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avatar 5 Anonymous

Shiner and I take turns doing nice things for each other, including paying for dinner. I like other people doing nice things for me, ergo I like it when he pays for dinner. I also like when I pay for dinner and he is appreciative. I like eating dinner, generally, so as long as it gets paid for I’m pretty happy.

First dates are different to me, though. When I was dating I hated when the dude I was with insisted on paying on the first date. To me it was a litmus test: if he insisted on paying in spite of my repeated offers to split the bill, it came off as pushy, rigid, and like his idea of how the date was supposed to go was more important than my discomfort.

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avatar 6 Anonymous

I never had a problem paying on dates — in fact, I paid for dinner on the first date with my husband. (The waiter brought the bill while he was away from the table, and I wasn’t going to just leave it for him….) But I always liked feeling taken care of when the man paid. And I had a theory that it’s really quite fair, given the expensive higher standard that dating women must meet in terms of grooming, makeup, attractive lingerie, etc, etc.

Now that we’re married, my husband usually pays and occasionally I make a big show of treating him. But it’s all technically irrelevant because it comes out of a joint account!

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avatar 7 Anonymous

Our joint account is our silly little joke – whoever gets the check first pays it, so we thank the other for “treating” us, even though it’s coming from the same pot either way. :)

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avatar 8 Anonymous

i consider myself a financially independent woman and i’m currently single, but when dating my last boyfriend i had no problem letting him pay on 95% of our dates. he made 3x as much money than me and men as a whole still get paid more than women for doing the same job so i didn’t feel guilty about it at all.

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avatar 9 Anonymous

Ah feminism: All the rights, none of the responsibilities.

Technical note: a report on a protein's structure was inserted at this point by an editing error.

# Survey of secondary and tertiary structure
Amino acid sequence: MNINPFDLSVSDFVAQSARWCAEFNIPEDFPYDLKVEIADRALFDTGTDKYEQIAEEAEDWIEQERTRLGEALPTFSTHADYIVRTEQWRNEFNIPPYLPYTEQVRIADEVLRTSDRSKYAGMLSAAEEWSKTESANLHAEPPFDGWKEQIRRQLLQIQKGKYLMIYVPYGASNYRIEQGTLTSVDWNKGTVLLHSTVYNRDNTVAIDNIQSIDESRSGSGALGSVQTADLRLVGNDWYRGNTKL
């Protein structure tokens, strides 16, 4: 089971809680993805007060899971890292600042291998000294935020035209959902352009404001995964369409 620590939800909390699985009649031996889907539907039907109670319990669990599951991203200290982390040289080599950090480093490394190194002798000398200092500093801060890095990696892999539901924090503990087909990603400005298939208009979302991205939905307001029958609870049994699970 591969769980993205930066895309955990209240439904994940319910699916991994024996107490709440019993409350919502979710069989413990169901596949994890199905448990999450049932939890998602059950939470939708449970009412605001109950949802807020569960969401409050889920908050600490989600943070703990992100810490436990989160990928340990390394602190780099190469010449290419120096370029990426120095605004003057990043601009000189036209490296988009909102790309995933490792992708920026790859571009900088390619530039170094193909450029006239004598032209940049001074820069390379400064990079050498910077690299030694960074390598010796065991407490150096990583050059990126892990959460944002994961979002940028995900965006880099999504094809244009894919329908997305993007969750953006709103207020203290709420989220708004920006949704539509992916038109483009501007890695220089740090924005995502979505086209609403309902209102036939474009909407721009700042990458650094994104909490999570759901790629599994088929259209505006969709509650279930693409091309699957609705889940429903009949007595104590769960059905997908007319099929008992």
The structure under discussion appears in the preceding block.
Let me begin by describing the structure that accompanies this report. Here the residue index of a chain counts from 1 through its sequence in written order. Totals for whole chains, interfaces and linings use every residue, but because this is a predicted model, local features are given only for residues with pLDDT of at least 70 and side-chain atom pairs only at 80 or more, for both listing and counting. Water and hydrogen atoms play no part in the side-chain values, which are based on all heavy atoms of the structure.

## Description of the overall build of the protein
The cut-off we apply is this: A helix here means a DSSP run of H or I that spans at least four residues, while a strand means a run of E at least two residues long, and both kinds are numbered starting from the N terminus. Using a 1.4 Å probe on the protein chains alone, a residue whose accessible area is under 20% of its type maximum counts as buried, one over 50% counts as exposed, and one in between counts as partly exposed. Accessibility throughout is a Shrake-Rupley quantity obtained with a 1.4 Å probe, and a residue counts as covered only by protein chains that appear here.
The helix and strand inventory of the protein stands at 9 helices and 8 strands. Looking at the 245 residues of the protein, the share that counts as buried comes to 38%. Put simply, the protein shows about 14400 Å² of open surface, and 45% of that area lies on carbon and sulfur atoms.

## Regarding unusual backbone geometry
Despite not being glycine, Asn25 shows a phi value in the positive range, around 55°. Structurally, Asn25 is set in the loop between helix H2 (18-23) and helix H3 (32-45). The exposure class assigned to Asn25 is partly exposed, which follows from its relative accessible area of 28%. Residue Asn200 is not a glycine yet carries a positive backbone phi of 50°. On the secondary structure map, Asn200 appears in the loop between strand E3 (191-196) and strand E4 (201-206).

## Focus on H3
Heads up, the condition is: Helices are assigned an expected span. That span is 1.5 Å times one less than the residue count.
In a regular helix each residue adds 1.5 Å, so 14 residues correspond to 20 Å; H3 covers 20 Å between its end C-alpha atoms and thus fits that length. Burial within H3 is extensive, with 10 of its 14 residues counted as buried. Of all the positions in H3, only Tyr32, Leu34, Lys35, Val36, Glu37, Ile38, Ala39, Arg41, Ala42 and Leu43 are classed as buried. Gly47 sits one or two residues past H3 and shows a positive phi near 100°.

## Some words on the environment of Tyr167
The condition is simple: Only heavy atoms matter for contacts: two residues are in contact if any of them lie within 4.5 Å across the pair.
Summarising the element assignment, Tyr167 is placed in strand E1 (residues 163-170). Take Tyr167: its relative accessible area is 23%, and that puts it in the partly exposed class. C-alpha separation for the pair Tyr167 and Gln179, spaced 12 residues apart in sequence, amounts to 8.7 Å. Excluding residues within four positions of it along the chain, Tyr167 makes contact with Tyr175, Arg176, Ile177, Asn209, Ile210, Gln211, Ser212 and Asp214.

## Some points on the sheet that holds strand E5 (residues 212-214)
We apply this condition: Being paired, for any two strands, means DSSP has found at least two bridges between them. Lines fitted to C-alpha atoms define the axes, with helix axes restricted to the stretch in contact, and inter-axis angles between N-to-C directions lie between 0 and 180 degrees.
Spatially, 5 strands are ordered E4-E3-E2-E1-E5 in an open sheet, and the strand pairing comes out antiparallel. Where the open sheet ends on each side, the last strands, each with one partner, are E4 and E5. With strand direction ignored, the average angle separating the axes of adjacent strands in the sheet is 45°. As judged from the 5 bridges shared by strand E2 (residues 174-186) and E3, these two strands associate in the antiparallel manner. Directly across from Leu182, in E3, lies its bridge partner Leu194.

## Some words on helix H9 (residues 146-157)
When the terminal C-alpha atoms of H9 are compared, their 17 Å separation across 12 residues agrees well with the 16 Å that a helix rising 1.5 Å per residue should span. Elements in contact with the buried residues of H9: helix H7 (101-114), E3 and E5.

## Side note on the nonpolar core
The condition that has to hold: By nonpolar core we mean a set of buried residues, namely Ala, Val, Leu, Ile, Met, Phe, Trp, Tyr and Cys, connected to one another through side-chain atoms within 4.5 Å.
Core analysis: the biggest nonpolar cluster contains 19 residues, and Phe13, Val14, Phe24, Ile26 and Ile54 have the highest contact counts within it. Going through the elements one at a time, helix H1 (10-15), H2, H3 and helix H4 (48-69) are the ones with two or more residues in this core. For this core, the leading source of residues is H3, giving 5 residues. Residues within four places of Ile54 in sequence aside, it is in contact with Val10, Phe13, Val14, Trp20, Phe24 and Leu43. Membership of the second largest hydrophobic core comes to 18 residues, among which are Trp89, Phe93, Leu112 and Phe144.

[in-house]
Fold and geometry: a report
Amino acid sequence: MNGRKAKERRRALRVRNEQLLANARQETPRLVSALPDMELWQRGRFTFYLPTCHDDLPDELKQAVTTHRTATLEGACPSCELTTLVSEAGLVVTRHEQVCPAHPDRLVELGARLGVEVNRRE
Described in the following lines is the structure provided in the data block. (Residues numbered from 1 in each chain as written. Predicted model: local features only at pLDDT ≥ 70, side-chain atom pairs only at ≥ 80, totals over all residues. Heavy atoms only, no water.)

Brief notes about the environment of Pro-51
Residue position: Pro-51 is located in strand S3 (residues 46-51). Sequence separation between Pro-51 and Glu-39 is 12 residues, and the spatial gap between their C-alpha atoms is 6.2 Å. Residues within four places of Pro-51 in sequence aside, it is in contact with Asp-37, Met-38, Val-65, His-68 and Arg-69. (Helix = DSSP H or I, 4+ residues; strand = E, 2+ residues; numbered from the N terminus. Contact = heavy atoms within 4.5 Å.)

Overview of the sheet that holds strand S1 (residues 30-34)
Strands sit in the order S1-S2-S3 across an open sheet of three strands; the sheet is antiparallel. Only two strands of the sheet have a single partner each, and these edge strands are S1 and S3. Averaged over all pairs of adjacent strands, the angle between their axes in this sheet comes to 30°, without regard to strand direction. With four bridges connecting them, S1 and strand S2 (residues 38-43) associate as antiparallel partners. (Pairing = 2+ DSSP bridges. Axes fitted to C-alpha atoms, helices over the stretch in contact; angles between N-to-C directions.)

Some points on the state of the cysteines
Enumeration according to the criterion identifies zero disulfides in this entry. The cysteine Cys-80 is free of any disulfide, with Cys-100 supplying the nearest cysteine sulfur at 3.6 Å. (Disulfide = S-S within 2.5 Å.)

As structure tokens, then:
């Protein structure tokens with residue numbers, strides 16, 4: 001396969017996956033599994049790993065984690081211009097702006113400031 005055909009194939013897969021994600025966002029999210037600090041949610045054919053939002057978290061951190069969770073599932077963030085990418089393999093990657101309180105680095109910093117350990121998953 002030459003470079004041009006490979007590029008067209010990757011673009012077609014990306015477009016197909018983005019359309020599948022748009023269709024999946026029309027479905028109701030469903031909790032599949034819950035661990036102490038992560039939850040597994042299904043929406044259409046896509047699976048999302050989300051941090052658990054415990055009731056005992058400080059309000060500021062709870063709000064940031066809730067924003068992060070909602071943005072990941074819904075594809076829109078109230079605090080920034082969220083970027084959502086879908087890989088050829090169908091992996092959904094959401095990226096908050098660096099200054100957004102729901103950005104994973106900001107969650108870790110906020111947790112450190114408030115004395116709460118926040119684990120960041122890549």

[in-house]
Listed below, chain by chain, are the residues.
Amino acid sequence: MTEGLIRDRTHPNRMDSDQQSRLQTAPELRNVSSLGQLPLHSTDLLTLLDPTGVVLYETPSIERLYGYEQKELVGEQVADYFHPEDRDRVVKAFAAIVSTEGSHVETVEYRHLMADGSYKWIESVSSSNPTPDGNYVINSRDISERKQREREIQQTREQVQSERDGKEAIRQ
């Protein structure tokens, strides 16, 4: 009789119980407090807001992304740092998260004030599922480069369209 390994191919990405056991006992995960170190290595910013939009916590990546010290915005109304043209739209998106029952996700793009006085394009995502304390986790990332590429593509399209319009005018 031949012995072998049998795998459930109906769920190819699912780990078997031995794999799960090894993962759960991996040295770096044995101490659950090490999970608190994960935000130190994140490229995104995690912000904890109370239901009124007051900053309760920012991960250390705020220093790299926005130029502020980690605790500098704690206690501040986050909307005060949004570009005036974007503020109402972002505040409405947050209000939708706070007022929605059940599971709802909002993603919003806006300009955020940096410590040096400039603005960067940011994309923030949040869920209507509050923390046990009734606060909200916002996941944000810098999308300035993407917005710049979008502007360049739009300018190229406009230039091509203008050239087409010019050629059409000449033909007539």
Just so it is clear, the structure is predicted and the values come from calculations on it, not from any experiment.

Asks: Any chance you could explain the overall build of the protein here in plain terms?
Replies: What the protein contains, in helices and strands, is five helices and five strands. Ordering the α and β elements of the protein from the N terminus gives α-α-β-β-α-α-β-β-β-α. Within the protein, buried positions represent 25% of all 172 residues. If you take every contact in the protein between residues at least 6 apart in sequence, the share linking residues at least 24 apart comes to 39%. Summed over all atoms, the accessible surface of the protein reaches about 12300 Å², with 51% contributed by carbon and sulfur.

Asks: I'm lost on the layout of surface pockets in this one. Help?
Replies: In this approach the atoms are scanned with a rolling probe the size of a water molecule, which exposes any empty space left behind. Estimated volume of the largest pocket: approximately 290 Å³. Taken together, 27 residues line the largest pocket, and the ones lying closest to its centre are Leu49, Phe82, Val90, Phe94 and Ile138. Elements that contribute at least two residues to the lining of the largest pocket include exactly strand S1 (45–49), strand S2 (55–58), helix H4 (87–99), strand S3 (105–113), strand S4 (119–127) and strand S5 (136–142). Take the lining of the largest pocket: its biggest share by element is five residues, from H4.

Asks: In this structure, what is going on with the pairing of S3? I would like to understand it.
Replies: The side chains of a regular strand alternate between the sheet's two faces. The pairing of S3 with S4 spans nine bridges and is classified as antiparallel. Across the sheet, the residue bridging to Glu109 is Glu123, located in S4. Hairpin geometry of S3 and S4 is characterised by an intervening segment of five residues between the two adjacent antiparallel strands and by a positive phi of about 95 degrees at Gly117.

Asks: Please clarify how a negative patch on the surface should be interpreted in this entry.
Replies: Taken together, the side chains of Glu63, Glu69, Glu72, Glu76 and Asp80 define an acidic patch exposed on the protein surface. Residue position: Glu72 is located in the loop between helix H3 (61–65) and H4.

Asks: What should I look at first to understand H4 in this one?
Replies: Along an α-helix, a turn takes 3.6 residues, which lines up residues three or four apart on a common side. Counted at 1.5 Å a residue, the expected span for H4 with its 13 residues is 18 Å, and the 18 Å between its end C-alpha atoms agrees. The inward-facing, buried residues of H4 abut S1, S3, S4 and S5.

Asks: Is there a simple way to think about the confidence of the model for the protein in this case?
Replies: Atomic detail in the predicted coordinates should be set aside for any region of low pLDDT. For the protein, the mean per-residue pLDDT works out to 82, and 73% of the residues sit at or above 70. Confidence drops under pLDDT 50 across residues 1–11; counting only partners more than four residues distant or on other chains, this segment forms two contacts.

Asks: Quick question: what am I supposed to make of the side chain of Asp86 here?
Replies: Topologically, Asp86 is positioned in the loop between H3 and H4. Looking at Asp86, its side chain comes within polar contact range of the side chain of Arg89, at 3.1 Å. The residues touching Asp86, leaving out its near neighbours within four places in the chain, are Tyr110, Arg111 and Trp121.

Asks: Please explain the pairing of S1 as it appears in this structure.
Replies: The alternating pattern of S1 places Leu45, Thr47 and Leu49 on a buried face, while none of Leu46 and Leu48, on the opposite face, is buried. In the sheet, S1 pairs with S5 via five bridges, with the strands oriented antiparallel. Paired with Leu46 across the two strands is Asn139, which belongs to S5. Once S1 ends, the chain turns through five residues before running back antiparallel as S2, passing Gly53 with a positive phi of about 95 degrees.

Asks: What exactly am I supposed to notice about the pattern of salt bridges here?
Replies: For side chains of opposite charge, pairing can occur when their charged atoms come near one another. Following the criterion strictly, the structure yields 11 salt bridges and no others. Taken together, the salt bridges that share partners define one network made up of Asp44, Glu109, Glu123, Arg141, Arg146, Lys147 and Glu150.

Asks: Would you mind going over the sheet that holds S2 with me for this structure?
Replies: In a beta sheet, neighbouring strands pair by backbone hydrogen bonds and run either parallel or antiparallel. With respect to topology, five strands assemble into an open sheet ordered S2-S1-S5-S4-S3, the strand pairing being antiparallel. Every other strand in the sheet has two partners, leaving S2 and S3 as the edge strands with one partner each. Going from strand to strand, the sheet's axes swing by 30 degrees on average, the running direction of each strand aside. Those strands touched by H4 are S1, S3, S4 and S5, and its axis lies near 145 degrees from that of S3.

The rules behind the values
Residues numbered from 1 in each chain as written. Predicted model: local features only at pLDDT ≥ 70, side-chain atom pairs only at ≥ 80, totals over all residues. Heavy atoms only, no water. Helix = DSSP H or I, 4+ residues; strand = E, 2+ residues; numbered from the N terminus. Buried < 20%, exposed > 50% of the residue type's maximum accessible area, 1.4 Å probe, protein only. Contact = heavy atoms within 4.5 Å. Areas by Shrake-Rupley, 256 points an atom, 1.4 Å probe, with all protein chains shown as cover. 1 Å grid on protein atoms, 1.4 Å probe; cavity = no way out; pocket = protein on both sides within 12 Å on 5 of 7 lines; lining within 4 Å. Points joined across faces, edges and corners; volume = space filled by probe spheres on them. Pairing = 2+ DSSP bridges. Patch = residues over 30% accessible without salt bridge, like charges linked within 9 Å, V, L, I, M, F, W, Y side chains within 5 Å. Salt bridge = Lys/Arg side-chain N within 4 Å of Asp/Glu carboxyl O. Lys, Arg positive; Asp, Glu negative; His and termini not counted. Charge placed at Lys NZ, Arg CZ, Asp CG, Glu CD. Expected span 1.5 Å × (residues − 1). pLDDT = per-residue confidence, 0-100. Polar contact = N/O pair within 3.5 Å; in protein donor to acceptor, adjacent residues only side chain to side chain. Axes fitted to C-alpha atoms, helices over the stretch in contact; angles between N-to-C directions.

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avatar 10 Anonymous

It isn’t about romance, it’s about respect. I always expected the man to pay for the first date. It is socially acceptable in our society. And my opinion (and that of my female family members and friends) was that it was a matter of respect for the male to show his date. As I got older I realized that the men who insisted on paying on a first date were raised in a similar environment to me (which is why they paid) and it made us a better match. This doesn’t mean the man has to pay for every date – you can go dutch and sometimes she can pay. But on a first date the man should pay out of respect for his date.

In practice the man I married paid for the first few dates. But later in our relationship we’d split the bill. Sometimes I’d even pay, since I had a job and he was in medical school. But the first few dates there was no question who was paying – neither of us would have it any other way.

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avatar 11 Anonymous

First dates are about putting your best foot forward and as such they usually cost more. For him, it’s selecting that special little restaurant and for her it’s about makeup, hair dresser, nicest clothes. I’ll gladly pay half of the dinner tab, if he’ll pay half my ‘romantic’ preparations.

The way I see it, first dates cost girls as much as dinner to look like the dinner companion he expects. If it goes beyond the first date, we can split the cost of the pizza and video rental.

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avatar 12 Anonymous

It’s always “more romantic” when somebody does something special just for you – whether it’s treating you to dinner or giving you a massage or picking you flowers or buying you a gift. It’s not the financial element so much as feeling like you are worth somebody’s effort (whether that effort is time or money or energy or thought spent on you).

There’s nothing wrong with enjoying the fact that somebody else is doing something for you that you could do for yourself. That’s the whole point. Sure you could buy yourself dinner, or buy yourself a massage or pick yourself flowers and that’s great – but that doesn’t mean we should refuse to let the men in ourlives show us that they care in those ways out of some sense of feminist duty. Conversely, when you do those things for your boyfriend you are treating HIM.